As for Bellamy, he lost a unanimous eight-round decision to Mesi. That was an improvement over his last three fights, given the fact that he was carried from the ring on a stretcher following two of them.

All of this comes at a time when boxing desperately needs higher medical standards. The American Association of Professional Ringside Physicians could play a constructive role in that endeavor. But instead, the AAPRP seems more intent on expanding its power. Currently, the group is pushing hard to become the only official certifying authority for ring physicians throughout the United States and hopes to be the controlling authority for any medical data bank that might be established pursuant to federal law.

Tim Leuckenhoff and Greg Sirb (past president of the Association of Boxing Commissions) noted last year that the AAPRP is essentially a trade association for doctors; not a governmental body. That view is echoed by Hugo Spindola (executive deputy commissioner and general counsel to the New York State Athletic Commission), who says, "The AAPRP represents its physicians. It does good work; but in large measure, it's a lobbying organization. Now it's trying to cover territory that's within the realm of government regulation, and that's just not appropriate. Also, as a matter of law, the New York State Athletic Commission is responsible for certifying ring physicians in New York, and we don't have the authority to turn that certification over to anyone. It can't be done."

Meanwhile, boxing awaits the report of the advisory committee on boxer health and safety formed by the Nevada State Athletic Commission last September after the deaths of Martin Sanchez and Leavander Johnson. The committee's findings were originally due by April 1st of this year.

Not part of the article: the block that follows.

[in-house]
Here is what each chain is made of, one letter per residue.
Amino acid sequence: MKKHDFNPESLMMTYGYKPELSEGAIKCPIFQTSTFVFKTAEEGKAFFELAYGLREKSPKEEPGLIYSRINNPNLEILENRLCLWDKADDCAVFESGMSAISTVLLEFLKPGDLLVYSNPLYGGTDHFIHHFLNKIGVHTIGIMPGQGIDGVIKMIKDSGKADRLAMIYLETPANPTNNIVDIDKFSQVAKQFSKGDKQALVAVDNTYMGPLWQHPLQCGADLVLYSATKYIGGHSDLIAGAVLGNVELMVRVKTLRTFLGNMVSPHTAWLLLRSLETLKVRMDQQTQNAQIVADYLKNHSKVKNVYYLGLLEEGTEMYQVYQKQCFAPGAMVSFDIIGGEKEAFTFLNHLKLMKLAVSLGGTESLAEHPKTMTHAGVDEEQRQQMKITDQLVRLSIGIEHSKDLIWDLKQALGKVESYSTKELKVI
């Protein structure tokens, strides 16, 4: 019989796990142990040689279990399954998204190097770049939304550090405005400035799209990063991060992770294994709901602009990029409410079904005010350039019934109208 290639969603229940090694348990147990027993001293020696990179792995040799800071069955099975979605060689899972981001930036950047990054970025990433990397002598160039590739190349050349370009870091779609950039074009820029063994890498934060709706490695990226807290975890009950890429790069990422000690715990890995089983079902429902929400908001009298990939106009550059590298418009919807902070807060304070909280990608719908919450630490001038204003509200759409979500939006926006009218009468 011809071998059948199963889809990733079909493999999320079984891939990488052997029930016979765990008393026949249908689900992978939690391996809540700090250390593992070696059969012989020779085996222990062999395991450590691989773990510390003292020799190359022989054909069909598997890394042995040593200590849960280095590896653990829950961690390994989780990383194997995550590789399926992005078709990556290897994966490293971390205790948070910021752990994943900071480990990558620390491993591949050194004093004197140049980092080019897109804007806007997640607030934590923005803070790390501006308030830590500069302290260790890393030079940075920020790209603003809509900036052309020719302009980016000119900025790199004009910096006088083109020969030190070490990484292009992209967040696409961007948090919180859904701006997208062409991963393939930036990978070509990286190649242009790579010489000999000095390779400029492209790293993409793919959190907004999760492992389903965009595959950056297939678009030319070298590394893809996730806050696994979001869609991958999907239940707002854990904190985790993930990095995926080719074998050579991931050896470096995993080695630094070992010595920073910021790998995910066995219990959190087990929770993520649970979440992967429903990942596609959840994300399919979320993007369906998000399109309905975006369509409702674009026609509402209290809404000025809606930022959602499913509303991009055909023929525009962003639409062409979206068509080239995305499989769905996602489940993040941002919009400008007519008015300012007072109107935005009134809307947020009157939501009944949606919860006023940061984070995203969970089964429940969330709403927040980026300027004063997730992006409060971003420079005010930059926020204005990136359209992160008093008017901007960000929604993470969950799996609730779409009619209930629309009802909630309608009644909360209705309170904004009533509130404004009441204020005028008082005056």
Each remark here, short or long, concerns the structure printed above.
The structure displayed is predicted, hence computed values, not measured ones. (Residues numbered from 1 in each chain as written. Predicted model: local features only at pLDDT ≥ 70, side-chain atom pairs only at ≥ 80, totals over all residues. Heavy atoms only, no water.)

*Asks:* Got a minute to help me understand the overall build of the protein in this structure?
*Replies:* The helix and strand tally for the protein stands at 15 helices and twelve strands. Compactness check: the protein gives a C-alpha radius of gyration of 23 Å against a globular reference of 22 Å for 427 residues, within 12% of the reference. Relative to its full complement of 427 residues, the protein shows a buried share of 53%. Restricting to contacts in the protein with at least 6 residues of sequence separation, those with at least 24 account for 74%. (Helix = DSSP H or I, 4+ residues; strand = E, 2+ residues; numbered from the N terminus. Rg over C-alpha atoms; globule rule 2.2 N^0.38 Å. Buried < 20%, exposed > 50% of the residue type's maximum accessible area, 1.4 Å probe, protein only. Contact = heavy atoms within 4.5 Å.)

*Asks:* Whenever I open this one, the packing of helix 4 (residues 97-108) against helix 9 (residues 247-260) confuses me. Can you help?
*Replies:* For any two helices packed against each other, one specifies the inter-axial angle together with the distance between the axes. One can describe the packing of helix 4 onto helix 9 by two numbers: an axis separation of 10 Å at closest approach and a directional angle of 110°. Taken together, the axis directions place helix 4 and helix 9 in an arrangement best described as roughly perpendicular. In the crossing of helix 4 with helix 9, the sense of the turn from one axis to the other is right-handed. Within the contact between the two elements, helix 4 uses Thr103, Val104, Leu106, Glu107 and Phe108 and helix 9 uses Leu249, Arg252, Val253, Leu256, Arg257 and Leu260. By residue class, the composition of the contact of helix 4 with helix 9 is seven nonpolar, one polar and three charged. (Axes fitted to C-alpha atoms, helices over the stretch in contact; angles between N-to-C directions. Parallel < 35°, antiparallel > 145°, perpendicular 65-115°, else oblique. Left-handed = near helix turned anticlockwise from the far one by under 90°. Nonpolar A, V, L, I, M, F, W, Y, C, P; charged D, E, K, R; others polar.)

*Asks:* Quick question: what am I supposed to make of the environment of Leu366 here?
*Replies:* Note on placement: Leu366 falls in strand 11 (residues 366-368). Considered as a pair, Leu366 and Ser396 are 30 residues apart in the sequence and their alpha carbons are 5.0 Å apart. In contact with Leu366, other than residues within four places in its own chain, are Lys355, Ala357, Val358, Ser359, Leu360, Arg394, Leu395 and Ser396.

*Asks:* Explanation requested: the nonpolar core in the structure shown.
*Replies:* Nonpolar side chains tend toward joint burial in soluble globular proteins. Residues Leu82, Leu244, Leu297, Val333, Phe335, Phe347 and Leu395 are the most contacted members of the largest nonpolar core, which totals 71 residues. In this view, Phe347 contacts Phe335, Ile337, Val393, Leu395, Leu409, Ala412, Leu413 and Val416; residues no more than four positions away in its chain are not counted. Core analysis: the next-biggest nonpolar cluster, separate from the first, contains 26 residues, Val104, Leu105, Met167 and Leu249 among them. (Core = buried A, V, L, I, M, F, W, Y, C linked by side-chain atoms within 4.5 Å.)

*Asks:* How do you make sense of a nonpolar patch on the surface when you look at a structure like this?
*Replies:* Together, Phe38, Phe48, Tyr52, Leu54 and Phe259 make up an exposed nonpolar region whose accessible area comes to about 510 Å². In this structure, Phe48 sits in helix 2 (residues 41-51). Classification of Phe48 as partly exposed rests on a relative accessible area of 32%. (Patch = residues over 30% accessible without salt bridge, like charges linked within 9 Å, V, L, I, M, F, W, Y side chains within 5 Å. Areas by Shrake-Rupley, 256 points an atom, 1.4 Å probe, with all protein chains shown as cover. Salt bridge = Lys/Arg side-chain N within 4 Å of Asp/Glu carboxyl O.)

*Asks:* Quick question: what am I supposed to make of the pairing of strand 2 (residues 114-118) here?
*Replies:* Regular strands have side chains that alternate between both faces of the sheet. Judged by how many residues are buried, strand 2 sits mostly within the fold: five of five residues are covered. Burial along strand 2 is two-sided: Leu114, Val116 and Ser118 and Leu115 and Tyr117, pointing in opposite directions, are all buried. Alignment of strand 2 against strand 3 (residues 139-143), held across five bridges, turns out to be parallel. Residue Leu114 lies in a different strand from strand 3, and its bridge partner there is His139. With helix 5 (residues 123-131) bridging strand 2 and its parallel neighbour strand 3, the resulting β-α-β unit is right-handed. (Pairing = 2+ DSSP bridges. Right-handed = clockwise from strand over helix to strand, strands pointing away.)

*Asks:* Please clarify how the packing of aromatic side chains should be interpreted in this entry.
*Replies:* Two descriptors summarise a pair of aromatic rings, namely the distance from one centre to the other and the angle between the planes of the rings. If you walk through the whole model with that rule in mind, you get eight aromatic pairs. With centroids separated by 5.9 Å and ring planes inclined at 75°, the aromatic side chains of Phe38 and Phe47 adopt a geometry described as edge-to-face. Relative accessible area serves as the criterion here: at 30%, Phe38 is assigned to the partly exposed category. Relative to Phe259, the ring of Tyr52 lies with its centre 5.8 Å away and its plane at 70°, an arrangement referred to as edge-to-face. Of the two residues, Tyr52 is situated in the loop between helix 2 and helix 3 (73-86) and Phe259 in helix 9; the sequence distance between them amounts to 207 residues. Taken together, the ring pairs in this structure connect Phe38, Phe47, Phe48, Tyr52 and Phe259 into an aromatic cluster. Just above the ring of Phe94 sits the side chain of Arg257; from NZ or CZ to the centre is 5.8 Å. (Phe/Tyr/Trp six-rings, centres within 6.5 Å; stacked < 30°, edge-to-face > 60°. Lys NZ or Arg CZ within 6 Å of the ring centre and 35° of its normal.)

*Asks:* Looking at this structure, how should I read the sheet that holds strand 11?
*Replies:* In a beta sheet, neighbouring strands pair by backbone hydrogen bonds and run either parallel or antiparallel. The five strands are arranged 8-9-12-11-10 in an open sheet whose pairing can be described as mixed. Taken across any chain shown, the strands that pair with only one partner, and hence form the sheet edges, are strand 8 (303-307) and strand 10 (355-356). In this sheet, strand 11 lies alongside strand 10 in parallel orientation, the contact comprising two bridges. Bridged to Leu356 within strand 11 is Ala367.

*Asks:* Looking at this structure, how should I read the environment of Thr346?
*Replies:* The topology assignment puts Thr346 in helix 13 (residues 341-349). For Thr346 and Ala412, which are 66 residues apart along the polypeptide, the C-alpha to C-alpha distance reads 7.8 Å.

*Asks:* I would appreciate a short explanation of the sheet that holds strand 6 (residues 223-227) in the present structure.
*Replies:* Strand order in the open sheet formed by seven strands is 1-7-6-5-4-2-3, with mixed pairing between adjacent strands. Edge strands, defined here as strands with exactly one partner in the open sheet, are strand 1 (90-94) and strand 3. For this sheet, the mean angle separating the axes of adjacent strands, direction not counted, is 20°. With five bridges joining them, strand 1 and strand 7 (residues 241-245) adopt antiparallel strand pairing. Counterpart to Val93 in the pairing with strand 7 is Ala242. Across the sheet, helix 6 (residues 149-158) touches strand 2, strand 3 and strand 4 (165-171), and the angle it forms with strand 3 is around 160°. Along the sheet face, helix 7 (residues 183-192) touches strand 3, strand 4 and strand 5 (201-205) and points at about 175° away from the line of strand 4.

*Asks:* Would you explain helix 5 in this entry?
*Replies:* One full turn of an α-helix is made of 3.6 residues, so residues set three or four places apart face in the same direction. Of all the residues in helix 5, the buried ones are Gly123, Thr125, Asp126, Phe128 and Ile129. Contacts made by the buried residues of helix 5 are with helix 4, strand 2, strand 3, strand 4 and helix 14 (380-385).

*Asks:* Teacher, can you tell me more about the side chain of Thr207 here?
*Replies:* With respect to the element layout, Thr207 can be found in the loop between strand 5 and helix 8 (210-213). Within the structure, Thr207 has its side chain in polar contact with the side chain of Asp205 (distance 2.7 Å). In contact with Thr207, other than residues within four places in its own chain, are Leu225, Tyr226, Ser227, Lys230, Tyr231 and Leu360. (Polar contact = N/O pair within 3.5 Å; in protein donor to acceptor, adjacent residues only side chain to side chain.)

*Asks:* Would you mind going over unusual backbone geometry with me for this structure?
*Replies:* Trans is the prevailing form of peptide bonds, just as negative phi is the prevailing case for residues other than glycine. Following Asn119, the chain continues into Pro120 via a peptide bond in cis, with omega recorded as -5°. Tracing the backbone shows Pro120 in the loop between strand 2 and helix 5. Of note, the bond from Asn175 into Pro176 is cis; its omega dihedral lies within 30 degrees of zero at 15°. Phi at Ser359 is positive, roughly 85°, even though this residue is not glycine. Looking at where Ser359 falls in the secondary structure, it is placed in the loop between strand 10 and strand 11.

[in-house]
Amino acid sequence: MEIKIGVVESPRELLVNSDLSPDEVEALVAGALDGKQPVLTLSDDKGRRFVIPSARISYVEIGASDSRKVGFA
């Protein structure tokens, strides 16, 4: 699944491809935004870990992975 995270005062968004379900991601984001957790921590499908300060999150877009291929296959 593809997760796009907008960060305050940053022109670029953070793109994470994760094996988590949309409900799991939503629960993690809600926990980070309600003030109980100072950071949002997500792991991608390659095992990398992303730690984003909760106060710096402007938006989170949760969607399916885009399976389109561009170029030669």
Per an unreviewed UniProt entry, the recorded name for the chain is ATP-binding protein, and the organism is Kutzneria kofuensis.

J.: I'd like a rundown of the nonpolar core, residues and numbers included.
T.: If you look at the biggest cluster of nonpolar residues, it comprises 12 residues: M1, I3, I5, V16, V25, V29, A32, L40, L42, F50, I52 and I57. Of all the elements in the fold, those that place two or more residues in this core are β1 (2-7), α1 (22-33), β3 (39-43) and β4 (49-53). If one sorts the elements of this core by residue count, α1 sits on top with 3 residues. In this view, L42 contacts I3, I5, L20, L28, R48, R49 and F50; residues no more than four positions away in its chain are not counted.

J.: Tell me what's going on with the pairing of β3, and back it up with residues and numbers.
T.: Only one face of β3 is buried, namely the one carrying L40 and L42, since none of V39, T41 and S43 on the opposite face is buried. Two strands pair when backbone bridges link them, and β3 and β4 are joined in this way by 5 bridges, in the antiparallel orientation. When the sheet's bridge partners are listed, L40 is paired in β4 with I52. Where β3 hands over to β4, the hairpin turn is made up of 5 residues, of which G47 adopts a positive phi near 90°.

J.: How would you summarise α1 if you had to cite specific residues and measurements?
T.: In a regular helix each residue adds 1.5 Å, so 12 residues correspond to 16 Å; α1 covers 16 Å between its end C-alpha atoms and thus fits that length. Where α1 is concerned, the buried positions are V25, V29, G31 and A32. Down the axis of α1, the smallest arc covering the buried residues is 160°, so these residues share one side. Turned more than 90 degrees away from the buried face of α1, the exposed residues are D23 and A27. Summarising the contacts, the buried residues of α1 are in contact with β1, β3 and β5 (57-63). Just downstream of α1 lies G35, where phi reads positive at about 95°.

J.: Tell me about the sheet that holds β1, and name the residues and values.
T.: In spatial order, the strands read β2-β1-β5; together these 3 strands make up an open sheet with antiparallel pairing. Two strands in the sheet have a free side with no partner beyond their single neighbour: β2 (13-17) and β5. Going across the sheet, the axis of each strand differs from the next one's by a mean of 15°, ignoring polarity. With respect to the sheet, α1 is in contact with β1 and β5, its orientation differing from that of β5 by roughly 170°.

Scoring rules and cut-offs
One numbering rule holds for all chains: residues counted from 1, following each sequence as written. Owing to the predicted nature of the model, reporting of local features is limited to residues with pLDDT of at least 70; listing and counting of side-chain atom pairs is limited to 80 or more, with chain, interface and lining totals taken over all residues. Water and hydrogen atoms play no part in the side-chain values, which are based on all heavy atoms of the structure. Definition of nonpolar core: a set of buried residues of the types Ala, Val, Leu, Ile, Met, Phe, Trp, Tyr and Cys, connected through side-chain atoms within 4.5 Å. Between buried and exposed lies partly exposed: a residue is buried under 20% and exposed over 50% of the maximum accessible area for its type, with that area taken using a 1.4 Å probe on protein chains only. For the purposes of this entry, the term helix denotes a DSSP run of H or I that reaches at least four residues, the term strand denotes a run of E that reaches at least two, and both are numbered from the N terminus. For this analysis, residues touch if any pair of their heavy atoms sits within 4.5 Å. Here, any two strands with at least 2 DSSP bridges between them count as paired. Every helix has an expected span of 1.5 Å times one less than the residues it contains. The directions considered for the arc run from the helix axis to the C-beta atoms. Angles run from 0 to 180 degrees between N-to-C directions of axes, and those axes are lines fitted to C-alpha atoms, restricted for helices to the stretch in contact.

On February 3, 2006, at one of two public meetings held by the committee, Dr. Michael Seiff (the neurologist appointed to the committee) asked if fighters were tested to determine if they purposefully dehydrated themselves to make weight. Seiff's question (which raised eyebrows regarding his knowledge of boxing) came one day after NSAC chairman Skip Avensino appeared on the Jon Ralston Show. Ralston asked Avensino about phony medical examinations, and Avensino said that commission doctors could order new tests if they thought something was amiss. But the two doctors who raised the issue of phony medicals in Nevada (Flip Homansky and Margaret Goodman) were forced off the commission last year.

The above issues highlight the slipshod manner in which medical care for fighters is treated in the United States. As Larry Merchant observed recently, "Shame is a concept that is beyond the conception of most people in boxing."

Thomas Hauser can be reached by email at